Police told the family that they had undertaken door-to-door inquiries but locals claim this hadn’t happened.  The family were then told that police intended to undertake an operation one night which would involve stopping drivers and pedestrians in the hope of obtaining new information.  Kwesi went to the spot that night and no operation was taking place.

It was only during the inquest that confirmation of the family’s worst fears had been learned.  Letters sent from the police to solicitors indicated that they still perceived the incident as self-inflicted and felt no crime had occurred, despite the police’s own fire expert describing the evidence as ‘suspicious’.

The family had enough and, against the ‘advice’ of the police, submitted a formal complaint about the investigation and conduct of officers involved to the police complaints authority.


In September 1998, the Metropolitan Police Deputy Assistant Commissioner, John Townsend, wrote to Michael’s family and admitted that there had been fundamental errors in the initial investigation:

  • failure to take a statement from Michael;
  • failure to cordon off the scene for 12 hours thus losing vital evidence and witnesses;
  • ignored hospital staff when they relayed Michael’s version of events;
  • incorrectly recorded Michael’s injuries as non life-threatening.

Officers were facing disciplinary proceedings.  No apology was offered in the letter.


On 7th September 1998, the inquest into Michael’s death was opened at Hornsey Coroner’s Court.  Medical staff and social workers confirmed that Michael was not potentially suicidal on the day that he died.

One of the first police officers on the scene, Johanna Walsh from Edmonton CID, gave evidence to the inquest and admitted that although Michael had claimed to have been attacked, she had ignored what he had said because both she and her colleague, DC Jim Dunn, believed him to be mentally ill and assumed it was a suicide attempt.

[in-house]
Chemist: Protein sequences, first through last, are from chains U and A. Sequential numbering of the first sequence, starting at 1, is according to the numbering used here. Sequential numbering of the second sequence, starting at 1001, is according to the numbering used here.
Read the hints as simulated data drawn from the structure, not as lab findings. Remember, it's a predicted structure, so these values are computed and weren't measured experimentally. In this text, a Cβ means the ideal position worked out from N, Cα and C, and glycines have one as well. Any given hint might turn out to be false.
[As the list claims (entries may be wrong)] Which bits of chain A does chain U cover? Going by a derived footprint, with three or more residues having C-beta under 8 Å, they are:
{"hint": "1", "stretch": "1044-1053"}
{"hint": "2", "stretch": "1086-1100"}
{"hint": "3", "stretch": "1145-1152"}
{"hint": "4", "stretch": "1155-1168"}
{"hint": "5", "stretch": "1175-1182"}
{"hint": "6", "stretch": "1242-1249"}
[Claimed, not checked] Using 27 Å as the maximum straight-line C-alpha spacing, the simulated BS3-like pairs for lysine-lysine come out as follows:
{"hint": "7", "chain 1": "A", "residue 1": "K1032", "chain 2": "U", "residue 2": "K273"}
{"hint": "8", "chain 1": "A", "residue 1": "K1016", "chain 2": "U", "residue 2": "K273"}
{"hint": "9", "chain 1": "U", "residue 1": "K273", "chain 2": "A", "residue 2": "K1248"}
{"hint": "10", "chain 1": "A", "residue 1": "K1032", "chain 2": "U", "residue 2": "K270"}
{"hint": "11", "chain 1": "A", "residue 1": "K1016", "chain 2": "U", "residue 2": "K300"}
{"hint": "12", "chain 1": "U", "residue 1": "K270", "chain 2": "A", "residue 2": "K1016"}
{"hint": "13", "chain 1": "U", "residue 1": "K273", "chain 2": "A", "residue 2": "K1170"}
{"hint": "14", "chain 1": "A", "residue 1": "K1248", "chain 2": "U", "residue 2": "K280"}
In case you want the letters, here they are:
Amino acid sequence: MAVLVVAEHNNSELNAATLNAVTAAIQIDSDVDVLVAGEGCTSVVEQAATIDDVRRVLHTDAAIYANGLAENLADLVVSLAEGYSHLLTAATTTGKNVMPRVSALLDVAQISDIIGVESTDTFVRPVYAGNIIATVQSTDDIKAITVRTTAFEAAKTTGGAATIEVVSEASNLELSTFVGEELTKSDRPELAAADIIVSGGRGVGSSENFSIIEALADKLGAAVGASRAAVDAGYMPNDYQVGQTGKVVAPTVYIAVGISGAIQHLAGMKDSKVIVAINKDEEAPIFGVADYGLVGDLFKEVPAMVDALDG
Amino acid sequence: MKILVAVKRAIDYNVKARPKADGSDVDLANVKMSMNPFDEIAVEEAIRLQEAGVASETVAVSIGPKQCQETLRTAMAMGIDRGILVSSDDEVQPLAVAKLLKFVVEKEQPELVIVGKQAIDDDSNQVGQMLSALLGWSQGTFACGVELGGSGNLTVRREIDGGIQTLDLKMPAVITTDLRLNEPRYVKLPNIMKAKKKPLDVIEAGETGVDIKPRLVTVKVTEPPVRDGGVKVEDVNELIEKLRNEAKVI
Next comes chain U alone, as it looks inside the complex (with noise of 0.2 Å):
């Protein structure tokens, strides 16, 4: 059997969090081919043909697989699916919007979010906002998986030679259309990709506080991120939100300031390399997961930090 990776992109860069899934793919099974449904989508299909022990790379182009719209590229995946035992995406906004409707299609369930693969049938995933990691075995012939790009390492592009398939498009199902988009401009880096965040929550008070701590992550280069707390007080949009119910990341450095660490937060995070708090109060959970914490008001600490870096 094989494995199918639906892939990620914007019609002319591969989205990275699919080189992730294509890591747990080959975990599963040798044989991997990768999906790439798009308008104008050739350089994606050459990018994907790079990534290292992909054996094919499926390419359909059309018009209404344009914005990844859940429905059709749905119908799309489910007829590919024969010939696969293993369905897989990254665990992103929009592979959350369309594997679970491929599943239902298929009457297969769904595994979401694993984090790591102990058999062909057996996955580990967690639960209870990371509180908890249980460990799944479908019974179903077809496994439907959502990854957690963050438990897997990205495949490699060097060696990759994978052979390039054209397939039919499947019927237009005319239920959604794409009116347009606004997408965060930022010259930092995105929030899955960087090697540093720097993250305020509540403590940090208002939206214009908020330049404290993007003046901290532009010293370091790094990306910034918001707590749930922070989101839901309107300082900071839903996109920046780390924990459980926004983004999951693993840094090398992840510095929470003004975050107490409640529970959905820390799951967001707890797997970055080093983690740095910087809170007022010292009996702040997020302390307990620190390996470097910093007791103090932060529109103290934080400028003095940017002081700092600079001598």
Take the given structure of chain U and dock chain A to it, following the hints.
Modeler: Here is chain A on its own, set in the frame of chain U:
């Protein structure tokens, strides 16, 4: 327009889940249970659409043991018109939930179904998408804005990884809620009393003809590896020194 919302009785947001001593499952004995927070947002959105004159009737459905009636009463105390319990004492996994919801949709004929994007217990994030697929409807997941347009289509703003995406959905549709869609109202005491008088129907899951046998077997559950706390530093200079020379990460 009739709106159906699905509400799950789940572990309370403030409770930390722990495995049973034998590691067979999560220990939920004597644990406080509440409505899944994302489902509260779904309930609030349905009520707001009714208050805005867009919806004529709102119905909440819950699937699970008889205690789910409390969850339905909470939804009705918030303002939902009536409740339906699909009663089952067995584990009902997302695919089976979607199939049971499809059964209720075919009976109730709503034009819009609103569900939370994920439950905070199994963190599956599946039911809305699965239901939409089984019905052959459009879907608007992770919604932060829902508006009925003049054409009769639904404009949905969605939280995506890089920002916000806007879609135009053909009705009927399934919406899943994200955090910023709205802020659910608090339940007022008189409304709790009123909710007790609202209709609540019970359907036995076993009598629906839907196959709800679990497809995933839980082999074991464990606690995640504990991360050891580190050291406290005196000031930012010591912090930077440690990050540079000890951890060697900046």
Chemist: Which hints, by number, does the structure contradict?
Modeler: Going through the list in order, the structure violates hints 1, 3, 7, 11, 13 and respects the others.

The inquest also heard that out of the four officers involved, an inspector, a detective inspector and a detective chief inspector had retired or were on the point of retiring, thus making them immune to disciplinary procedures.  The fourth officer  had been ‘advised’ rather than ‘disciplined’ and instructions on dealing with mental health issues had been relayed to all officers.

A pathologist for the family gave evidence as to Michael’s injuries, and it was his conclusion – along with that of three other professionals – that finally opened up the case.  Dr Ian Hill concluded that it was unlikely that Michael’s burns were self-inflicted due to the nature of where they were and the pattern of distribution on his body being on his back and not his front.  He explained that people who set themselves alight tend to do so by pouring fluid over the top of themselves and burning the whole body – particularly the front.  This didn’t fit with Michael’s injuries at all and it made it almost inconceivable that it was self-inflicted.

The evidence heard during the inquest was damning and the coroner concluded that the cause of Michael’s death was ‘unlawful killing‘ not suicide, which completely destroyed the credibility of the initial police investigation, and Townsend expressed his ‘regret’ over the initial failures.